The memory 7 stores a software application 9 that controls the processor 2 for effecting the image indexation methods to be described with reference to FIGS. 8 to 10 and the image search methods to be described with reference to FIGS. 2 to 7. These image search methods enable a user to interact with the computer system so as to retrieve and display one or several images which have certain color attributes. The image search software application 9 includes an image analyzer 12 that analyzes the images in the database 8 and creates image indexation files 13 that contain image indexation data related to the images. The image indexation files 13 may be stored with the images or separately. The user interface controller 11 provides a user interface screen on the display 3 and monitors inputs from the pointing device 4 and keyboard 5 for elaborating search queries in the user interface. The search query is passed on to the image retrieval and display controller 10, which retrieves images matching the query and displays them on the display 3. The display 3 is of conventional design and should have sufficient spatial and color resolution for displaying the images provided by the image retrieval and display controller 10.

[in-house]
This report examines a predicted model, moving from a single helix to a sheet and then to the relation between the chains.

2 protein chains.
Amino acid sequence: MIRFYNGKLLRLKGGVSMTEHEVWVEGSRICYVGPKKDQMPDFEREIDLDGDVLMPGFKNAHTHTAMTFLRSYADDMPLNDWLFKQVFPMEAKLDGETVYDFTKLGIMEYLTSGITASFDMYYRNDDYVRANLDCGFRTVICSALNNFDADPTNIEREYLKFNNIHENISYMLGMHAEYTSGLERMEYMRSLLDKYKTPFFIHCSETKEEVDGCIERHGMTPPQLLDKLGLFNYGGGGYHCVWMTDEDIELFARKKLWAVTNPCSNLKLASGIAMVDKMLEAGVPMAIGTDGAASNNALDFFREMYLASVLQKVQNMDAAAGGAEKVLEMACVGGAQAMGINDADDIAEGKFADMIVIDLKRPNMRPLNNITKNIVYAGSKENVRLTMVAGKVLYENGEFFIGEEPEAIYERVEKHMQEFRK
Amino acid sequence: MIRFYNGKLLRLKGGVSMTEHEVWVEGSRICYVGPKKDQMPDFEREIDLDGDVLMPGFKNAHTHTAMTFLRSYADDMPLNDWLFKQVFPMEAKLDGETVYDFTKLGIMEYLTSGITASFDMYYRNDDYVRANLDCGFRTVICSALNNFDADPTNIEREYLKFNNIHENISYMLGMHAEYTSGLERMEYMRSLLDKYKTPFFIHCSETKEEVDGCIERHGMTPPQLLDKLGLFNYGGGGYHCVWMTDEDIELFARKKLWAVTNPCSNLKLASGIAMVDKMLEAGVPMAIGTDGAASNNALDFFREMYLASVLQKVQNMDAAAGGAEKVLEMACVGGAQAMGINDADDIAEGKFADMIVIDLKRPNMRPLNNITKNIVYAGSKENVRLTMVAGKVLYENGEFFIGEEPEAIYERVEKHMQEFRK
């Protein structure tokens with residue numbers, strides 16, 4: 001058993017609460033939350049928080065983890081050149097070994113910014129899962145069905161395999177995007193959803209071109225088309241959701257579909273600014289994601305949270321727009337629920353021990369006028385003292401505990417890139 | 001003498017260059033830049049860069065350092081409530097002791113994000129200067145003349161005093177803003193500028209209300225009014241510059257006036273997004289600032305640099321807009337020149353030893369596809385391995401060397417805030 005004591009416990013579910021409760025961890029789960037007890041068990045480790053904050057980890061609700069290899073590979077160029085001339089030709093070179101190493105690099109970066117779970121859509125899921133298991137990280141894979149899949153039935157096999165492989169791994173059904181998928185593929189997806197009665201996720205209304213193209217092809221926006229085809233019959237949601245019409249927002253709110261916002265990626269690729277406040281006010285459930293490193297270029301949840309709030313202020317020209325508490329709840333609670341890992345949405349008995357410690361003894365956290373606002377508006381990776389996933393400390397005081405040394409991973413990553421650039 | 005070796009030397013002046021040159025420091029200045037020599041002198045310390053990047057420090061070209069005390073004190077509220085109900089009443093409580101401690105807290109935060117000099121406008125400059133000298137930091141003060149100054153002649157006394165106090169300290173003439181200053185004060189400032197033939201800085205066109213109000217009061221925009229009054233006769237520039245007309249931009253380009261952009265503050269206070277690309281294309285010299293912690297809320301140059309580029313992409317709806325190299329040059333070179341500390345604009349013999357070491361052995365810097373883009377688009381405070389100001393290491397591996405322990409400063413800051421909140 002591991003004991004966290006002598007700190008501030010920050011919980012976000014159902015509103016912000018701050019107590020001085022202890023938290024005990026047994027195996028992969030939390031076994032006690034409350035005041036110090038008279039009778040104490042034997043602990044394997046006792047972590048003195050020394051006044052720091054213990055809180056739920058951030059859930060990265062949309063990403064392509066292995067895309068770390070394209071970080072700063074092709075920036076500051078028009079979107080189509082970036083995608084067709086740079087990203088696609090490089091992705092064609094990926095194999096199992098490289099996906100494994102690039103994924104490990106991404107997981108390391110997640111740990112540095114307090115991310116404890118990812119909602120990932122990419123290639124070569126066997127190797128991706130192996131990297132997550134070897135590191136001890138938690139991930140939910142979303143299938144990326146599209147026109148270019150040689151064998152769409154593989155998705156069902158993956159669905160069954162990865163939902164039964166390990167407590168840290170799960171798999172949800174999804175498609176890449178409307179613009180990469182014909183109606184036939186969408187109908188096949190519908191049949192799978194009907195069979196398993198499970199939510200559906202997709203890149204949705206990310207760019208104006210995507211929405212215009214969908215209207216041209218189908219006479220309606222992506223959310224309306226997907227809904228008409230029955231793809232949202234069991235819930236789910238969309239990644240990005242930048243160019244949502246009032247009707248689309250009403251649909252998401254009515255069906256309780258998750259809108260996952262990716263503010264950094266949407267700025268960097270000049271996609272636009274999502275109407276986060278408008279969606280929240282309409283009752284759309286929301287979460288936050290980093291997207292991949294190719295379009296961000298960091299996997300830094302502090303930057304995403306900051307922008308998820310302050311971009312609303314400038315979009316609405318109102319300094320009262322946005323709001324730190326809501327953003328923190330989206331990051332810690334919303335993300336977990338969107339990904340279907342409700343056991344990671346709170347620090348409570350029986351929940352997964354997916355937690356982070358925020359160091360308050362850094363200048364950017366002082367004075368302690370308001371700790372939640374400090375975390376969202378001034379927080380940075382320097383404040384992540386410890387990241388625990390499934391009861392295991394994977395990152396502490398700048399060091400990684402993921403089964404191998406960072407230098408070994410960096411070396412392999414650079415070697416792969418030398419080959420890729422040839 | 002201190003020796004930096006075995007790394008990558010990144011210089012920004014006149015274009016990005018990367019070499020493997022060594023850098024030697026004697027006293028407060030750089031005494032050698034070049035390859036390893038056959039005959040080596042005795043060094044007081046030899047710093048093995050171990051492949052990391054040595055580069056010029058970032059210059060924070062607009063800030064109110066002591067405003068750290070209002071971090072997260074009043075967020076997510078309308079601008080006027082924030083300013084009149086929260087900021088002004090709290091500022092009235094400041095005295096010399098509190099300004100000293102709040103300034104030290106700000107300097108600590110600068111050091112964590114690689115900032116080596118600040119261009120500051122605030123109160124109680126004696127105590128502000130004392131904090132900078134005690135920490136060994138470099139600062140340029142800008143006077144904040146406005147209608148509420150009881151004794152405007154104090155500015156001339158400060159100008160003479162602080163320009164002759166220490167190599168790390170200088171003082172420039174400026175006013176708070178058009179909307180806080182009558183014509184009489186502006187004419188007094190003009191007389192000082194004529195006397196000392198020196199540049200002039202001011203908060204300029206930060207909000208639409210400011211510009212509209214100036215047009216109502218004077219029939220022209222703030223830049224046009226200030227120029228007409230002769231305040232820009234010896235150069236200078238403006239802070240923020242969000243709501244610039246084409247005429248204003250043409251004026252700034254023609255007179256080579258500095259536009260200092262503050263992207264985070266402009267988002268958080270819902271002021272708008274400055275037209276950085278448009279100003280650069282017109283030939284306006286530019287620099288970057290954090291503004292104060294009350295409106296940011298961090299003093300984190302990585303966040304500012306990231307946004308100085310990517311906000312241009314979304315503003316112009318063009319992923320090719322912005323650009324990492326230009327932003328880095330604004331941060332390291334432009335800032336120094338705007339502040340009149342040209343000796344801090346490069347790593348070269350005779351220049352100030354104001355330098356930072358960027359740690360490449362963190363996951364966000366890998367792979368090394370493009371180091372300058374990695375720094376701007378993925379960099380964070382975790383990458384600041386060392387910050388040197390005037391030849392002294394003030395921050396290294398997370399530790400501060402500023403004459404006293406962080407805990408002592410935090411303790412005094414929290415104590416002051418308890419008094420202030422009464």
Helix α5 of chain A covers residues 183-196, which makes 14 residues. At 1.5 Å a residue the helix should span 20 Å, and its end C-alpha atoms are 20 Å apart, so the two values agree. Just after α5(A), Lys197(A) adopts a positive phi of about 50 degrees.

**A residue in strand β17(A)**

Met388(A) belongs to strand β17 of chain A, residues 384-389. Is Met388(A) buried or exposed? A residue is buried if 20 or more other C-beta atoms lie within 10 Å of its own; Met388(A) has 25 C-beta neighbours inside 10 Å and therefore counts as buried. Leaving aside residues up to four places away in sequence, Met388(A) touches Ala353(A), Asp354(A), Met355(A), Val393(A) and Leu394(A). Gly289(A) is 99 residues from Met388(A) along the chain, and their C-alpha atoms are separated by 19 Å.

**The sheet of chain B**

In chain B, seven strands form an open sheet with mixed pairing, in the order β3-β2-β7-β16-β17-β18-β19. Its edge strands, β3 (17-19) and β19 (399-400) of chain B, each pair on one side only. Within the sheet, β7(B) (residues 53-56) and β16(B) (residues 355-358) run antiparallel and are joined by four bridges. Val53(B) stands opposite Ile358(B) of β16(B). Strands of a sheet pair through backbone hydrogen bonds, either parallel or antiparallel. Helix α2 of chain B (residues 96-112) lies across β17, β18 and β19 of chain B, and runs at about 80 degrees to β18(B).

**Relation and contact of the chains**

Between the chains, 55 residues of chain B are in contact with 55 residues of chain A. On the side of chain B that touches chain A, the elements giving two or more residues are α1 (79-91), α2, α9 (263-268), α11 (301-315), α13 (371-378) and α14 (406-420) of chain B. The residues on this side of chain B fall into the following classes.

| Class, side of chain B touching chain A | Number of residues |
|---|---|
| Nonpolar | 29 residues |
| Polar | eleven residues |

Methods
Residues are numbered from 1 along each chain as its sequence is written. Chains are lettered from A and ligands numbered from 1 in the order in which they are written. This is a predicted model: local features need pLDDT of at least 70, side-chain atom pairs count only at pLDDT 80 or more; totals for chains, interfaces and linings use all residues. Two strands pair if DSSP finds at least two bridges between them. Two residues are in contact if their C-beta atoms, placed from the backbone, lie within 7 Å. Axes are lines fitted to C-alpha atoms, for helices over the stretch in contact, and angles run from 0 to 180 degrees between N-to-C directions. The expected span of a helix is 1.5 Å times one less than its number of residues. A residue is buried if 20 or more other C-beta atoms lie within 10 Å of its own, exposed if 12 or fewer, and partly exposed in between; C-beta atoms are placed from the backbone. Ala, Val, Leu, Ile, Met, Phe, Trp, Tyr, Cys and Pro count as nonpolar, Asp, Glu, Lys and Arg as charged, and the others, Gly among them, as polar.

Referring now to FIGS. 8 to 10, several indexation methods are described which are implemented by the image analyzer 12 for generating the image indexation files 13.

According to a first embodiment, the indexation of each image is based on the average color. Accordingly, the following steps are carried out:

    • a) The colors of each pixel in an image are computed in terms of Hue, Saturation and Brightness coordinates. The average Hue, average Saturation and average Brightness are calculated in the image. The average Hue is calculated by adding up the levels of Hue of all pixels and dividing this sum by the number of pixels. Average Saturation and average Brightness can be similarly calculated.
    • b) FIG. 8 represents a cross section of the HSB-color space taken on a plane of constant Hue and shows a segmentation of the HSB-color space 80 into two predefined regions 81 and 82. This segmentation serves to characterize the average color with respect to how a human observer would generally perceive and describe it. In FIG. 8, the region 81 includes the colors which are generally perceived as true colors, i.e. the colors of a rainbow (visible spectrum of electromagnetic waves). The region 82, which encompasses the remaining portion of the color space 80, includes colors which are generally perceived as gray colors, i.e. all the colors which are not closely related to the colors of a rainbow, including white, gray and black.